What is a Brigaid chef?

Chef

At its core, a Brigaid chef is not unlike any other type of chef — the primary goal is to feed people delicious meals. Specifically, the bulk of the meals you prepare will go to students who need nutritious food to fuel their work in the classroom.

You will also be expected to continue honing your craft. Brigaid is committed to developing complete chefs and will provide all of the tools and resources necessary for you to continuously improve as a chef and leader.

Much of that development will happen in the school kitchens as you oversee an operation preparing meals for hundreds of students daily while keeping the menu fresh yet USDA compliant. Beyond the school kitchen, you will also be able to stage at some of the finest restaurants in the world. In the past year, Brigaid chefs have staged at Blue Hill at Stone Barns, The Progress, State Bird Provisions and Single Thread, just to name a few.

Team Member

When you join Brigaid, you join a team of chefs each experiencing the same challenge of preparing delicious meals for several hundred students every day. You will bounce ideas off each other, share recipes, and collaborate on community meals. Every step along the way, you will have the support of these like-minded and passionate peers whenever you need it.

Leader

One truly unique aspect of the Brigaid chef role is the 1:1 relationship between chef and school. You are a full-time employee of your school overseeing a single kitchen. Much like the head chef of a restaurant, you will form relationships with the service providers that support the kitchen as well as with the students, staff, and teachers whom you feed. For many of our chefs, the relationships they build with the people who eat their food every single day are some of the most rewarding aspects of their job.

Impact

Maybe the restaurant you worked at had 5 to 10 regulars — you’ll now have 500 to 1,000 “regulars” in the form of students, all of whom won’t hesitate to tell you exactly what they thought of your food, for better or for worse. For each of these students, you will have the opportunity to feed them 5,000+ meals over the course of their K-12 education — that’s impact.

Brigaid chefs Angeline Chiang (left) and Tyler Guerin (right) cooking alongside René Redzepi of Noma (middle right) and Nicole Krasinski of State Bird Provisions and The Progress (middle left).

Brigaid chefs Angeline Chiang (left) and Tyler Guerin (right) cooking alongside René Redzepi of Noma (middle right) and Nicole Krasinski of State Bird Provisions and The Progress (middle left).

Brigaid Chef Wesley Barrington (right) cooking alongside Nicole Krasinski of State Bird Provisions and The Progress (left).

Brigaid Chef Wesley Barrington (right) cooking alongside Nicole Krasinski of State Bird Provisions and The Progress (left).

Brigaid Chef Angeline Chiang (left) next to Stuart Brioza of State Bird Provisions and The Progress (right).

Brigaid Chef Angeline Chiang (left) next to Stuart Brioza of State Bird Provisions and The Progress (right).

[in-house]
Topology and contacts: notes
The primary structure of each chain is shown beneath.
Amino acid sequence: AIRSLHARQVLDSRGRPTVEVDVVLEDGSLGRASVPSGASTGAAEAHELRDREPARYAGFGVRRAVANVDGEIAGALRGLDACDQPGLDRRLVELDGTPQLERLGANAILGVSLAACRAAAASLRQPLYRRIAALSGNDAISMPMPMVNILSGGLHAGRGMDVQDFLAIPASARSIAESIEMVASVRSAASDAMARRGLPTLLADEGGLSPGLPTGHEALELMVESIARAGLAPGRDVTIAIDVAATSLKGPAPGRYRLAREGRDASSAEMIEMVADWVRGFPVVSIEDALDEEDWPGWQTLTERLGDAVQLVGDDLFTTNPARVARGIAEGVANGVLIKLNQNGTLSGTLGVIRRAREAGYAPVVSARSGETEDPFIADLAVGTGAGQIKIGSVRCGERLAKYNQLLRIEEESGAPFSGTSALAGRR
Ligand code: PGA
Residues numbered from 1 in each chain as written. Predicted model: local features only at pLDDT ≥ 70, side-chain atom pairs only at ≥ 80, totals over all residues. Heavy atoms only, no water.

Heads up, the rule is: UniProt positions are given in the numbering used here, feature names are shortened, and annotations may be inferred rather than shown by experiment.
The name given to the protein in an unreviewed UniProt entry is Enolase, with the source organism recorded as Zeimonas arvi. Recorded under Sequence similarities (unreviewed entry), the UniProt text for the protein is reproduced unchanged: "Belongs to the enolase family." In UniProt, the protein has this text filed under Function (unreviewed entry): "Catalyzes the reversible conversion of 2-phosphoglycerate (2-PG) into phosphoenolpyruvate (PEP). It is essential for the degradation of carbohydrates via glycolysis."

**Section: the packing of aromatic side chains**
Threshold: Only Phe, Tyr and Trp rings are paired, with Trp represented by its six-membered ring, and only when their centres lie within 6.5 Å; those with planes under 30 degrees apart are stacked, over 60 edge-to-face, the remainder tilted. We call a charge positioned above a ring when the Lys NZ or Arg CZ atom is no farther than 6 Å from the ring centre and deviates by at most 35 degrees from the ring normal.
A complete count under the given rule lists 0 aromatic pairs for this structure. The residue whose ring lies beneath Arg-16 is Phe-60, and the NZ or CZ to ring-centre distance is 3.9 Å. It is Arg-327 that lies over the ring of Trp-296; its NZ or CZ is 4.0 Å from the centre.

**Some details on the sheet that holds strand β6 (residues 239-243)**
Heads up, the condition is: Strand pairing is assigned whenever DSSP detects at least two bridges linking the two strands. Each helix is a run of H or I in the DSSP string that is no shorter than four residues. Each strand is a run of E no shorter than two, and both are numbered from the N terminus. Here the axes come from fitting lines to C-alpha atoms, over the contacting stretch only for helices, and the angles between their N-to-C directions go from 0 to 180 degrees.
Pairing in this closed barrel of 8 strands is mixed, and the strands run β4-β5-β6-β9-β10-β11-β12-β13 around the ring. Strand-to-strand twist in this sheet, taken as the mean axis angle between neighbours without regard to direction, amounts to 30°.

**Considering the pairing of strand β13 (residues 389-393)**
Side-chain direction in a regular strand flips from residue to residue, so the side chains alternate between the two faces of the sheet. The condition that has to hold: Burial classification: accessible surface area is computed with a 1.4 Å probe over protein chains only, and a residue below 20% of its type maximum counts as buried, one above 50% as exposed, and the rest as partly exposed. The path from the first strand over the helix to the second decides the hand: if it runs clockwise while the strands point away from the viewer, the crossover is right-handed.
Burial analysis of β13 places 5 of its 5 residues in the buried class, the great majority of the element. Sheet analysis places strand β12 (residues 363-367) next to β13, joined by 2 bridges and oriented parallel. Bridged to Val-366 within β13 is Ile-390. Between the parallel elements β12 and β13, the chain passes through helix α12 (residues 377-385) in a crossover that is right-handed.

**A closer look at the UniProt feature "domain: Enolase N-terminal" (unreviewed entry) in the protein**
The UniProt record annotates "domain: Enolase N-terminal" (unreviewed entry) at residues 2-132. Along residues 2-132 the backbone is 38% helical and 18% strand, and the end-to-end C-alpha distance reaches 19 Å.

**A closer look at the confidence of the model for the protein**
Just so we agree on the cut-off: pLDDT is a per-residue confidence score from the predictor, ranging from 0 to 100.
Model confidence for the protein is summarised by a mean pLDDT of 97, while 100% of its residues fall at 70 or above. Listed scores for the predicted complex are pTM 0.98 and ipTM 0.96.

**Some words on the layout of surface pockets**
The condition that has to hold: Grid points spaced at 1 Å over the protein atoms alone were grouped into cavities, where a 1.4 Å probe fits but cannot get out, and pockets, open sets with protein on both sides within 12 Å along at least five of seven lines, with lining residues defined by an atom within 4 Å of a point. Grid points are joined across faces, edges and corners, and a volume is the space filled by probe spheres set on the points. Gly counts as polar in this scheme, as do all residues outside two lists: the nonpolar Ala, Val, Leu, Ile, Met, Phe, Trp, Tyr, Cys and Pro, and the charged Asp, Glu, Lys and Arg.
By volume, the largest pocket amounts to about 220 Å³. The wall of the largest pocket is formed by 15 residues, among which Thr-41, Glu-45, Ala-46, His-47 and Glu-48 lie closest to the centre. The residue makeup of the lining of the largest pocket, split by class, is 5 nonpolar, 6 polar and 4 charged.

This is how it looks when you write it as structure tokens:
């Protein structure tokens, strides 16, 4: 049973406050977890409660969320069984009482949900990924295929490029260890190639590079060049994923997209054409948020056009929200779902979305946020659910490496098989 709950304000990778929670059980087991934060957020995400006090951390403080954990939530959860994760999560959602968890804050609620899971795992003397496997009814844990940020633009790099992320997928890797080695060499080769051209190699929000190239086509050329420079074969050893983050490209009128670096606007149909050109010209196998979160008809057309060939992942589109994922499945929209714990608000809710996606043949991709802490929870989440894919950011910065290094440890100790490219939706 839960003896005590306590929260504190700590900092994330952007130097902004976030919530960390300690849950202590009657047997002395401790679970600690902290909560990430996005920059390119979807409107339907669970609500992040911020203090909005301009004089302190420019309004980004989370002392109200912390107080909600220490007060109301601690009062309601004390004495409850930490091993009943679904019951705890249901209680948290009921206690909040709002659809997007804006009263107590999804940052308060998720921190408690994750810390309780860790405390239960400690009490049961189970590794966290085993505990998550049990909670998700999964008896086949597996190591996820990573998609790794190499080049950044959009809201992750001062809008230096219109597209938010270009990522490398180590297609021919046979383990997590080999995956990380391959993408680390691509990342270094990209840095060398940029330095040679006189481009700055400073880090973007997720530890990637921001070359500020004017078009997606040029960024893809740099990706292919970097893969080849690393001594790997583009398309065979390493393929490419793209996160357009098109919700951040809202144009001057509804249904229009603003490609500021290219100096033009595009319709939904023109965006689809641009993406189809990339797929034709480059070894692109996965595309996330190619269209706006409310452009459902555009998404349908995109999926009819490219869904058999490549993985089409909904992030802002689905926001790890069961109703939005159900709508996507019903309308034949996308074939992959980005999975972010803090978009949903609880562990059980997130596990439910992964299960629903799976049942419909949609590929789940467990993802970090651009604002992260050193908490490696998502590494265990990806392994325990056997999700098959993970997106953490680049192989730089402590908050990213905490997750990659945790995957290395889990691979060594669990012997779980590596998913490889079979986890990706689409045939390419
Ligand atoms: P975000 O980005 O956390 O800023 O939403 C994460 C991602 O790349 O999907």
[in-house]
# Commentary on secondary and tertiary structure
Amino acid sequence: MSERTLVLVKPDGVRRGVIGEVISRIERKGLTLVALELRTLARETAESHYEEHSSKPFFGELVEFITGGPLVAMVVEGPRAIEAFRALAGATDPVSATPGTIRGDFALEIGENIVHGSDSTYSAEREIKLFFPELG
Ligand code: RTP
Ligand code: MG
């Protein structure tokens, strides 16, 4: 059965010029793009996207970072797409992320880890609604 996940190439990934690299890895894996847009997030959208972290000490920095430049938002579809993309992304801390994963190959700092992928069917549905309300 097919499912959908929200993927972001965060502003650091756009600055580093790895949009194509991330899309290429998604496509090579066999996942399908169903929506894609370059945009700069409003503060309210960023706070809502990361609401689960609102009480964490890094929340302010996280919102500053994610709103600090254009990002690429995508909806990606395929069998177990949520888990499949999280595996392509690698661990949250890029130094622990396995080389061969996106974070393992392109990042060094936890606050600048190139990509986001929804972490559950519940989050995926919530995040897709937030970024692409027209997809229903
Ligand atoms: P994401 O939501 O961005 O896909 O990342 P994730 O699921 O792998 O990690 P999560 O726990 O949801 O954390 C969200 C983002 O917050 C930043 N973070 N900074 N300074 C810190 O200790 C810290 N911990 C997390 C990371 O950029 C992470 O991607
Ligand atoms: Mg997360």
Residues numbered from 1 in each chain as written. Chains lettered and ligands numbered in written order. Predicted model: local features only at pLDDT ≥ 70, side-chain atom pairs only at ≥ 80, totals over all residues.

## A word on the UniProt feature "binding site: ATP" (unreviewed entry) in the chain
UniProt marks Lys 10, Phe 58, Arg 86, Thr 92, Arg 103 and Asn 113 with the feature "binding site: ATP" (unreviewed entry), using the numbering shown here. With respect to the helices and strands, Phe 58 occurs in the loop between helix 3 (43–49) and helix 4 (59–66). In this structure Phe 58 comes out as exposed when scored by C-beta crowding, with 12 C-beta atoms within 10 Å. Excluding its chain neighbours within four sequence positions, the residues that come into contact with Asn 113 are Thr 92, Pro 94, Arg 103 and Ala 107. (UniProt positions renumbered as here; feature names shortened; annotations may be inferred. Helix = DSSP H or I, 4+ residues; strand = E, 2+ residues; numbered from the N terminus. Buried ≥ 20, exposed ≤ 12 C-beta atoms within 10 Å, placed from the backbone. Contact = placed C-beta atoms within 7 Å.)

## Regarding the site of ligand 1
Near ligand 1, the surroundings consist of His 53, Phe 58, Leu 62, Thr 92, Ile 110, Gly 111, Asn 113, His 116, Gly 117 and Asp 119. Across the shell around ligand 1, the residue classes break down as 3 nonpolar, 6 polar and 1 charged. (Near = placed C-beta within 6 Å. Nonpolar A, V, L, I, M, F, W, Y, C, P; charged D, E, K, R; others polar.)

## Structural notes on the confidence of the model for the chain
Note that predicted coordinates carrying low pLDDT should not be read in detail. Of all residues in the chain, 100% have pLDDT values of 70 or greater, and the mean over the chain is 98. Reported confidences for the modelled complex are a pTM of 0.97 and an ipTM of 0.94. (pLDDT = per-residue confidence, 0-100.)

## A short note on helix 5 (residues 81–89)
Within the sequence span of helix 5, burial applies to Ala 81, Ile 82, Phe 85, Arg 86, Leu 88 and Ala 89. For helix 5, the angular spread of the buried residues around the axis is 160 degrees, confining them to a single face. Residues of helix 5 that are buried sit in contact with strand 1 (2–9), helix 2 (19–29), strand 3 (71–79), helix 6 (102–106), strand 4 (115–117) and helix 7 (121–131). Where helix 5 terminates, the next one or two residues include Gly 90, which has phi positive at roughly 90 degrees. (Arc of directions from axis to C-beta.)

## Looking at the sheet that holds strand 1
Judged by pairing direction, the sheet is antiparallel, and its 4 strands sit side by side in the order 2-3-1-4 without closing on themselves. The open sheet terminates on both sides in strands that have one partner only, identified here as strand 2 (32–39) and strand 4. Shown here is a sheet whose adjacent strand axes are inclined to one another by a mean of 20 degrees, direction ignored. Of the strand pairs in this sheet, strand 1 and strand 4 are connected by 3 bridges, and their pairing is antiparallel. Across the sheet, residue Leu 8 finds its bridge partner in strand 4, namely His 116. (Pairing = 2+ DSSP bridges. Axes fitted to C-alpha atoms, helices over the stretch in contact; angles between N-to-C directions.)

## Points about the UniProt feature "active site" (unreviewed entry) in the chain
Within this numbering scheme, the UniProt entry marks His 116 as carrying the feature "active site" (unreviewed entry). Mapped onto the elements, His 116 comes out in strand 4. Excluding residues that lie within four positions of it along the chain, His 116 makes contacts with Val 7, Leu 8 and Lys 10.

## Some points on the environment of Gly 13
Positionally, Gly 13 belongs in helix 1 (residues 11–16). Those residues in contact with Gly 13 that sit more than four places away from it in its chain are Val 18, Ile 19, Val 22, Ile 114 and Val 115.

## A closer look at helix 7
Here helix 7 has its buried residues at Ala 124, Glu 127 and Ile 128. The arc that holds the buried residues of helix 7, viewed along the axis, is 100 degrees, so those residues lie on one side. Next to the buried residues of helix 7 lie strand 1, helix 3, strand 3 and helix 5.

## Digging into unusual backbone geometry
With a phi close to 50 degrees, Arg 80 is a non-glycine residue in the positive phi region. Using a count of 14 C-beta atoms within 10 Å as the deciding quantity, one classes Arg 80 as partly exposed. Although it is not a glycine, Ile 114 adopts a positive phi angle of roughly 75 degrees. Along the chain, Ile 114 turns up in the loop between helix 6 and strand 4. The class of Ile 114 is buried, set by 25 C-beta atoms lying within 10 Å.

Join Us

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Brigaid Bridge Program

We realize that not every chef is in the position to join Brigaid today. However, there are many other ways to support Brigaid as a leading chef. One extremely impactful channel is our Bridge Program.

The Brigaid Bridge Program offers restaurants a new opportunity to enter their promising cooks into a multi-dimensional development program. The Bridge Program is a five-month program that brings cooks from the restaurant world into the school food world to push for critical chef development: personally and professionally.

Contribute to the revolutionary work of Brigaid and be an agent of change. The U.S. school food system is desperate for large-scale change. Brigaid is primed to deliver that change and positively affect millions of lives. Cooks who participate in the Bridge Program will be integral to this process.

To nominate a cook from your restaurant, email a short statement of intent and the cook’s resume to hello@chefsbrigaid.com.


In the program, cooks that restaurants identify as strong candidates for advancement will be challenged and trained how to:

Develop menus

  • Work within USDA nutrition guidelines and prices
    • The constraints set by these rules propel a cook to maximize their creativity, resourcefulness, and ingenuity.
    • By working with ingredient and commodity prices, cooks are pushed to develop a keen business mind and an ability to think beyond a single station in the kitchen.
    • Cooks will discern which ingredients are crucial to a meal’s success and which are unnecessary to a company/restaurant’s bottom line.

Manage a staff

  • Manage the kitchen staff alongside the chef
    • Many head chefs at top-tier restaurants often realize later in their careers that it is extremely difficult to keep the kitchen staff performing at the necessary standards while maintaining morale.
    • In a school kitchen, cooks are challenged to manage staff members, some of whom cooking is not their passion, and find the necessary motivational practices.

Interact with guests

  • Cooks interact with a wide range of individuals, from school principals to teachers and students
  • With high quality food becoming more accessible, it is an asset to have chefs who have the people skills to be outward facing and interact with guests.

Maintain a daily log

  • The program’s structure facilitates professional and personal growth by having cooks reflect daily on numerical metrics (costs, meals served, food preference) and qualitative metrics (best practices, management struggles, and menu development).

Financials and Logistics

  • Salary
    • Brigaid matches the cook’s salary during this stretch, and the program is offered at no additional cost to the restaurant.
  •  Housing
    • Brigaid helps chefs find housing, but housing costs will not be covered by the program.